Most multimeters have a beeper to test continuity. The good once are fast, some have a adjustable output voltage, others a fixed current, some have an adjustable thresshold most are set at a fixed value. They will beep if the resistance is lower as a max value set by the manufacturer or set by you in the “menu” of the meter. Often they are combined with the diode test function. It then beeps and shows the voltdrop between the probes. They are real handy when trouble shooting circuits.
Besides testing diodes or transistors from your junkbox you can use it to test diodes and transistors in circuit, or “in situ” as it is often called . This is not a watertight methode but it is often good for some quick tests. The so called tracers , trackers or component testers, all using a CRT/scope do the same thing. They give voltage in the horizontal plane and current is displayed along the vertical axis. The beeper however just beebs at some prefixed values.
The beeper in this design has a fixed voltage, due to the AA battery, that is high enough to test transistors and diodes but save for sensitive electronics because the current is in the uA range. You also hear it if there is a capacitor parallel to the test point. It will start with a high pitch and then the pitch drops. So it is more versatile as the beeper of a multimeter.
I made some changes but they are rather simple. I have used the original transistors that allready were obsolete in the 70’s, the time the book with this circuit was wrote. But two silicium transistors will work. When testing it, use a 200 k potentiometer instead of R1. Or use it permanent like I did (after the picture was taken and some use) Then short the testpoints and adjust the trimmer until it starts to beep and you like the sound. If it does not beep it probably draws a lot of current so first test with a bench supply. If it does not beep lower the voltage. To much current and the transistor saturates.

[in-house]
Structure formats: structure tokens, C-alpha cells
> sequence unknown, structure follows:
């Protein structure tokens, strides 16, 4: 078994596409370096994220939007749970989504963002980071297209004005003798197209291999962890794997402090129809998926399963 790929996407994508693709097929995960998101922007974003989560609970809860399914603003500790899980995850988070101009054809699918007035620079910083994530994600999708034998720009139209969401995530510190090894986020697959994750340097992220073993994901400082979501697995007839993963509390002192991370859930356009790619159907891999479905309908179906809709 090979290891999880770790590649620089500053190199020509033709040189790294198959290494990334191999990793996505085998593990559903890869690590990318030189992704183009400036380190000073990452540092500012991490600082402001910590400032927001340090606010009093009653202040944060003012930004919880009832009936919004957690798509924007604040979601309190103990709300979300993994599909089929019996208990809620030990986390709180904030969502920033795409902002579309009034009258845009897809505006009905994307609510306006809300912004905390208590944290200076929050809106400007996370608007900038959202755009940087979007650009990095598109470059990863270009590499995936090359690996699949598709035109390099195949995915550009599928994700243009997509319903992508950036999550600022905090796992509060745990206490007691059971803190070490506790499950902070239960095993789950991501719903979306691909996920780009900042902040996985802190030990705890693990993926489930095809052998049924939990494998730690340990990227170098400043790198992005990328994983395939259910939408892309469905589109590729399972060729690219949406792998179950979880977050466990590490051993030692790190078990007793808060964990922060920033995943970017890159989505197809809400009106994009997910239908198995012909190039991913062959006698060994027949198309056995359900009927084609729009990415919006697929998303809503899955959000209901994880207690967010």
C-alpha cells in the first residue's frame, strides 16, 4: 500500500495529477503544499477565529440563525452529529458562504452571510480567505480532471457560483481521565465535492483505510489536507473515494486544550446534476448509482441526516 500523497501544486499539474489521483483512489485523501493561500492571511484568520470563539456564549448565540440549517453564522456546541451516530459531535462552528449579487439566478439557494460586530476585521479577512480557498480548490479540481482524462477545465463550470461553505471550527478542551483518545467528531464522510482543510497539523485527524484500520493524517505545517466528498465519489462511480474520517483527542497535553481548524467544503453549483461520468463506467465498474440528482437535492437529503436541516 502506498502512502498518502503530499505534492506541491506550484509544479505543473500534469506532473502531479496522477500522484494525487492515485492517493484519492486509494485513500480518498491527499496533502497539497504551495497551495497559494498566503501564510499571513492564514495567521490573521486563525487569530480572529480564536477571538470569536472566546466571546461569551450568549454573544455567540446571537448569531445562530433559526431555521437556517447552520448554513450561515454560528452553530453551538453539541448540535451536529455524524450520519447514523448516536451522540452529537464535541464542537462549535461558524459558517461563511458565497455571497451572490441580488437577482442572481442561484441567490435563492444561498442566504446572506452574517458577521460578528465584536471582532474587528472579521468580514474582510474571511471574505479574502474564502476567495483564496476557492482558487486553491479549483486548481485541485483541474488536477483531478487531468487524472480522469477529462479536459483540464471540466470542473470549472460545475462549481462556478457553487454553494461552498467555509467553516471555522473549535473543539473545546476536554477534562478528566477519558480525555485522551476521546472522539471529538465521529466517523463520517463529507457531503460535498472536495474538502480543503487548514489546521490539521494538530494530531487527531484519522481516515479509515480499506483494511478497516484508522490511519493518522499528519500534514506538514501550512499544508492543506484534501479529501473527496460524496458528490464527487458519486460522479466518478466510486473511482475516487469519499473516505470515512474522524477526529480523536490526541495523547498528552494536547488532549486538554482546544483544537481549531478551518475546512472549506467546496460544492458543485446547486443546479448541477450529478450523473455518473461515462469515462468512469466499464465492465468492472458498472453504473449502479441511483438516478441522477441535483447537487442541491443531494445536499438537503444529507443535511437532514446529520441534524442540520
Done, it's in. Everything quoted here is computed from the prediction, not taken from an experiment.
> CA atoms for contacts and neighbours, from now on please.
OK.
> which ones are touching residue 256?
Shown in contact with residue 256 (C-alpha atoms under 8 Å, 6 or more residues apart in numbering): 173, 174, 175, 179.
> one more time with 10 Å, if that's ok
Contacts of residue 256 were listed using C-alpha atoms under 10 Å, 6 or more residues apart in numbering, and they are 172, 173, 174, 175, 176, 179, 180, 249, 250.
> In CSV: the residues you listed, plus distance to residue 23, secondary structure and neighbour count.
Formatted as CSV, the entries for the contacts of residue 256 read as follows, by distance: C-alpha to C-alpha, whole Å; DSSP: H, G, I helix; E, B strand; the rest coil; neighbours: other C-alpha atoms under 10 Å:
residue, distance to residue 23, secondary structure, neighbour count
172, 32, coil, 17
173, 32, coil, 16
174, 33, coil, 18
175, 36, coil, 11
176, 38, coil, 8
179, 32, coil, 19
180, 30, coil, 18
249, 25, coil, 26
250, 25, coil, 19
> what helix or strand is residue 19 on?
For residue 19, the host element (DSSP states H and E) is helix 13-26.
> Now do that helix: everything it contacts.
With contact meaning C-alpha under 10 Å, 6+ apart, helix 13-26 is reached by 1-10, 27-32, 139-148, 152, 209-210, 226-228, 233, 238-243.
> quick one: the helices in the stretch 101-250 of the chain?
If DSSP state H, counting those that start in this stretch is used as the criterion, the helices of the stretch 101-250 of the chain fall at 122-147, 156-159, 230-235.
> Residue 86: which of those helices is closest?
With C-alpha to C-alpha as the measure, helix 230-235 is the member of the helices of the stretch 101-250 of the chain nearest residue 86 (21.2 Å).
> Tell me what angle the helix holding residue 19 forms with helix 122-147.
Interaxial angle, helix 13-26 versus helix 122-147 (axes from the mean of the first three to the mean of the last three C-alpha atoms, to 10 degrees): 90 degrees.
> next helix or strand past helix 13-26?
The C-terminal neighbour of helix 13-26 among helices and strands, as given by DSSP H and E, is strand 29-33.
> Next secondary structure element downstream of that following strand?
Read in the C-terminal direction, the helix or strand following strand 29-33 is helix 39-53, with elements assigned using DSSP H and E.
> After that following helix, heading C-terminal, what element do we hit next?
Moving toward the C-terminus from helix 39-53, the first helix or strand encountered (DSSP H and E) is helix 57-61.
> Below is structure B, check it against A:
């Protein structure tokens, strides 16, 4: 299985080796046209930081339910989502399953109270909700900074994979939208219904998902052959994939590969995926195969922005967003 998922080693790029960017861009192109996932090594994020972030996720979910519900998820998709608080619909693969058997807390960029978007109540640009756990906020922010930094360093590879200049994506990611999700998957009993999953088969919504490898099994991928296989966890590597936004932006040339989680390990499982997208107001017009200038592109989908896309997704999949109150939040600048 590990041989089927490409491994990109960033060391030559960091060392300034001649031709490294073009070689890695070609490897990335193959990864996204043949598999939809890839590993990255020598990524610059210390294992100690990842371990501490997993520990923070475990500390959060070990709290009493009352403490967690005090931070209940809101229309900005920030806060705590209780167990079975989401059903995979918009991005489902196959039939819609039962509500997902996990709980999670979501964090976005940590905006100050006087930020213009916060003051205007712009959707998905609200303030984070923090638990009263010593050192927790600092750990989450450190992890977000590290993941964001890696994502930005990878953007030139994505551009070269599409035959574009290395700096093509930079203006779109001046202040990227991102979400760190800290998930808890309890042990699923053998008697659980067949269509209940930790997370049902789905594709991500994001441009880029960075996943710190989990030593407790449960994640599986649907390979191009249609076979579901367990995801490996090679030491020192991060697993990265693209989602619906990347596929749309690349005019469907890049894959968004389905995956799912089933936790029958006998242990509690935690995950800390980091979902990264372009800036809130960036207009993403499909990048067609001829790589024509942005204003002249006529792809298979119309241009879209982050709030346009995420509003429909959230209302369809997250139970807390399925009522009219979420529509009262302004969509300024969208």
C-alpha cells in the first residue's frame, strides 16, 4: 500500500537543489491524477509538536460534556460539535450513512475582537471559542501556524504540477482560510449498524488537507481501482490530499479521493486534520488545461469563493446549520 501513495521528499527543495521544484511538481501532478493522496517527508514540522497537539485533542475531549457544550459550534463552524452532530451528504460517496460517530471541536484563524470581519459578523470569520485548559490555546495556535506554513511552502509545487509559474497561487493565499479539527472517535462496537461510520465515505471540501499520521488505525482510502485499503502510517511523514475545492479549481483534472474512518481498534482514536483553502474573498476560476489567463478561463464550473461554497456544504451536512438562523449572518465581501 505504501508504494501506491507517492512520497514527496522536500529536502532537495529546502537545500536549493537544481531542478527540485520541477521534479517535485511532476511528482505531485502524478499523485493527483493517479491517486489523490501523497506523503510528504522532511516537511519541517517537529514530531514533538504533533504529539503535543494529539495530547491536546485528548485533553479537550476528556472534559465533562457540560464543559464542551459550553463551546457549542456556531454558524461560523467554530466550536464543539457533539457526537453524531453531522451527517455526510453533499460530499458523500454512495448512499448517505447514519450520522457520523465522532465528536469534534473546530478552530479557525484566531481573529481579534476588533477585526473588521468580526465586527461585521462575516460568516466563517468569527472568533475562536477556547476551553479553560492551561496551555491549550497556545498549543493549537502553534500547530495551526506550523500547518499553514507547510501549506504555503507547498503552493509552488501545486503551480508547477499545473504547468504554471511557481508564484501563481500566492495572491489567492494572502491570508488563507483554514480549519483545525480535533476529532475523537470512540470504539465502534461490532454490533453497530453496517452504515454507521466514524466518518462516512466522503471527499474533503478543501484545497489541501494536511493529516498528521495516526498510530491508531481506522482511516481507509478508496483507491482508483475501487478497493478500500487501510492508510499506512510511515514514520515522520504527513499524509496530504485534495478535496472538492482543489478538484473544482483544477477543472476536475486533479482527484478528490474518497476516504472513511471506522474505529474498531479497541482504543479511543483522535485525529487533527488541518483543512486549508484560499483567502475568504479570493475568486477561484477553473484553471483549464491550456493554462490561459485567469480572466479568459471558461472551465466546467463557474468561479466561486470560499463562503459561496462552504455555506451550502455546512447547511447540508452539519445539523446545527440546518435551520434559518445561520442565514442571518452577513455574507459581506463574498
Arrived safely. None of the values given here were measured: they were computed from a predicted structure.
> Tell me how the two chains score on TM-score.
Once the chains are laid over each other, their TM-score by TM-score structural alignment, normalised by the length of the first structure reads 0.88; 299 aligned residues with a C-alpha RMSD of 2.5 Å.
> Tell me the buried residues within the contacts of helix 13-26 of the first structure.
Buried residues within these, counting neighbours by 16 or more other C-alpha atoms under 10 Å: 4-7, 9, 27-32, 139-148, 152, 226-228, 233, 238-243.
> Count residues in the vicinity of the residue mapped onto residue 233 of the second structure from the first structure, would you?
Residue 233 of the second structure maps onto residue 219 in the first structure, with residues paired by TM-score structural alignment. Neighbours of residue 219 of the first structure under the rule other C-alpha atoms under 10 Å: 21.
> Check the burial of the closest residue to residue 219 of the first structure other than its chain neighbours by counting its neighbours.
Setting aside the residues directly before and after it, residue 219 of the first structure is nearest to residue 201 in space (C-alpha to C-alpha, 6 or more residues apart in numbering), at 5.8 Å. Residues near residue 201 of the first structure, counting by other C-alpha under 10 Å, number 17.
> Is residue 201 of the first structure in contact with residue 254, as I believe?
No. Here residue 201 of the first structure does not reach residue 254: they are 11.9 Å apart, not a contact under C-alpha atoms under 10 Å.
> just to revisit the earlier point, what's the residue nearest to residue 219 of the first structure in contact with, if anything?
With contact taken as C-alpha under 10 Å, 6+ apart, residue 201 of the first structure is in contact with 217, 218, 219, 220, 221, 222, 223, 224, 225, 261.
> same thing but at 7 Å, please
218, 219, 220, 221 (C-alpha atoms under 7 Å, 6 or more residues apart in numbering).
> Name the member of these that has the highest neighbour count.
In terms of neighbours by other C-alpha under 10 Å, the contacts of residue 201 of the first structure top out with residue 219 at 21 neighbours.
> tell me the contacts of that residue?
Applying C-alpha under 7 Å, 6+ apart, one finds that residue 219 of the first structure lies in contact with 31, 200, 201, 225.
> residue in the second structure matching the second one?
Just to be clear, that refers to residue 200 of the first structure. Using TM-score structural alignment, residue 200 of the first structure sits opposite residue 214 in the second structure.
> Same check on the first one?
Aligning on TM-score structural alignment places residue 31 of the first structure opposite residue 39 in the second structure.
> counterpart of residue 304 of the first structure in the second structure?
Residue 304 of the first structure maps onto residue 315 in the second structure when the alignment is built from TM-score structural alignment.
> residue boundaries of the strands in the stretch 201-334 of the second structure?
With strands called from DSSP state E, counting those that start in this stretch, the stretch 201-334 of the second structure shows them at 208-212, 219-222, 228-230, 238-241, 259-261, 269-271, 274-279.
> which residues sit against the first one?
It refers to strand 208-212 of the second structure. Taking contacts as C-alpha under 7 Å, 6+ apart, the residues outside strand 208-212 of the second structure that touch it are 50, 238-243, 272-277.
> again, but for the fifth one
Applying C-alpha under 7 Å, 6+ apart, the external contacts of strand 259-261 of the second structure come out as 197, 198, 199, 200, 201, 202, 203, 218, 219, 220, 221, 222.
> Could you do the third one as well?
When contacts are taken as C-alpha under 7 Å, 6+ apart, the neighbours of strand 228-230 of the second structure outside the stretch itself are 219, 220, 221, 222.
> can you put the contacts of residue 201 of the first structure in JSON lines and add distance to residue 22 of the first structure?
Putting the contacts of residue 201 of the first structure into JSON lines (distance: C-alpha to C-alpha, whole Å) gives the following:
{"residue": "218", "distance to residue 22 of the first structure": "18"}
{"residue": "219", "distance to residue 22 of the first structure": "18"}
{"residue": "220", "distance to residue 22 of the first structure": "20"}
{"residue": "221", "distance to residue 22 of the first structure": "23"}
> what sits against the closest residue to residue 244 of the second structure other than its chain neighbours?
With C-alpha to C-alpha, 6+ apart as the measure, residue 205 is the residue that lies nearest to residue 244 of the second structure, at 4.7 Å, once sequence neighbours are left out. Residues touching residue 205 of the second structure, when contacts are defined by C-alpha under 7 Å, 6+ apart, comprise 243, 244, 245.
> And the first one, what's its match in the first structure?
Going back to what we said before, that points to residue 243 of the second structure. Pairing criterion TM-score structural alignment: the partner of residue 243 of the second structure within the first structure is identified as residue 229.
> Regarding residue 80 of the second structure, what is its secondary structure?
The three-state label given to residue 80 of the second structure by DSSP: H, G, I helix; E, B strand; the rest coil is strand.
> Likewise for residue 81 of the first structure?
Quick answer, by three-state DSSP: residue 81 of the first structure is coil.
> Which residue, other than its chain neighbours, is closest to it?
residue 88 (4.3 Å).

The speaker is original 5 Ohm, I used an old unknown speaker in series with a 39 ohm resistor to lower the volume and use less power. Just take a trimpot and try what you like and then replace it for a fixed value (probably somewhere 0 to 50 Ohm)
It is very fast in response. With the power on and open leads it takes 14 nA. That is with a bigger resistor instead of R1 and a resistor in series with the speaker. In the original it drew 54 uA. With 2 silicium transistors will be so low you can skip the switch. It uses a 1.5V AA and is not critical at voltage as long as it is not to high. The second reason I changed R1 for a trimpot is to adjust it when battery voltage drops. In the max position it will stop beeping with a fresh battery and shorted leads but with a almost empty one it will work in that position.
In this setup it sources 2 to 8 uA (short) to the circuit under test at the battery’s EMF so it is save to use. The frequency is in my case 1.0 kHz (short) to 300 Hz (around 1M). If you use R1 as in the original, it draws around 50 mA current around 3.5 kHz and sources more current but still in the uA range. The volume this little gismo is producing with the original parts is amazing.
C1 is 5nF but I tried 1 to 10 nF and they all worked. The frequency is the result of C1 and R1. The output to the testpoints is DC with a little ripple from the oscillation. The Battery is 1.5V ( the 1 is probably dropped of the paper). Resistors are1/4W and not critical.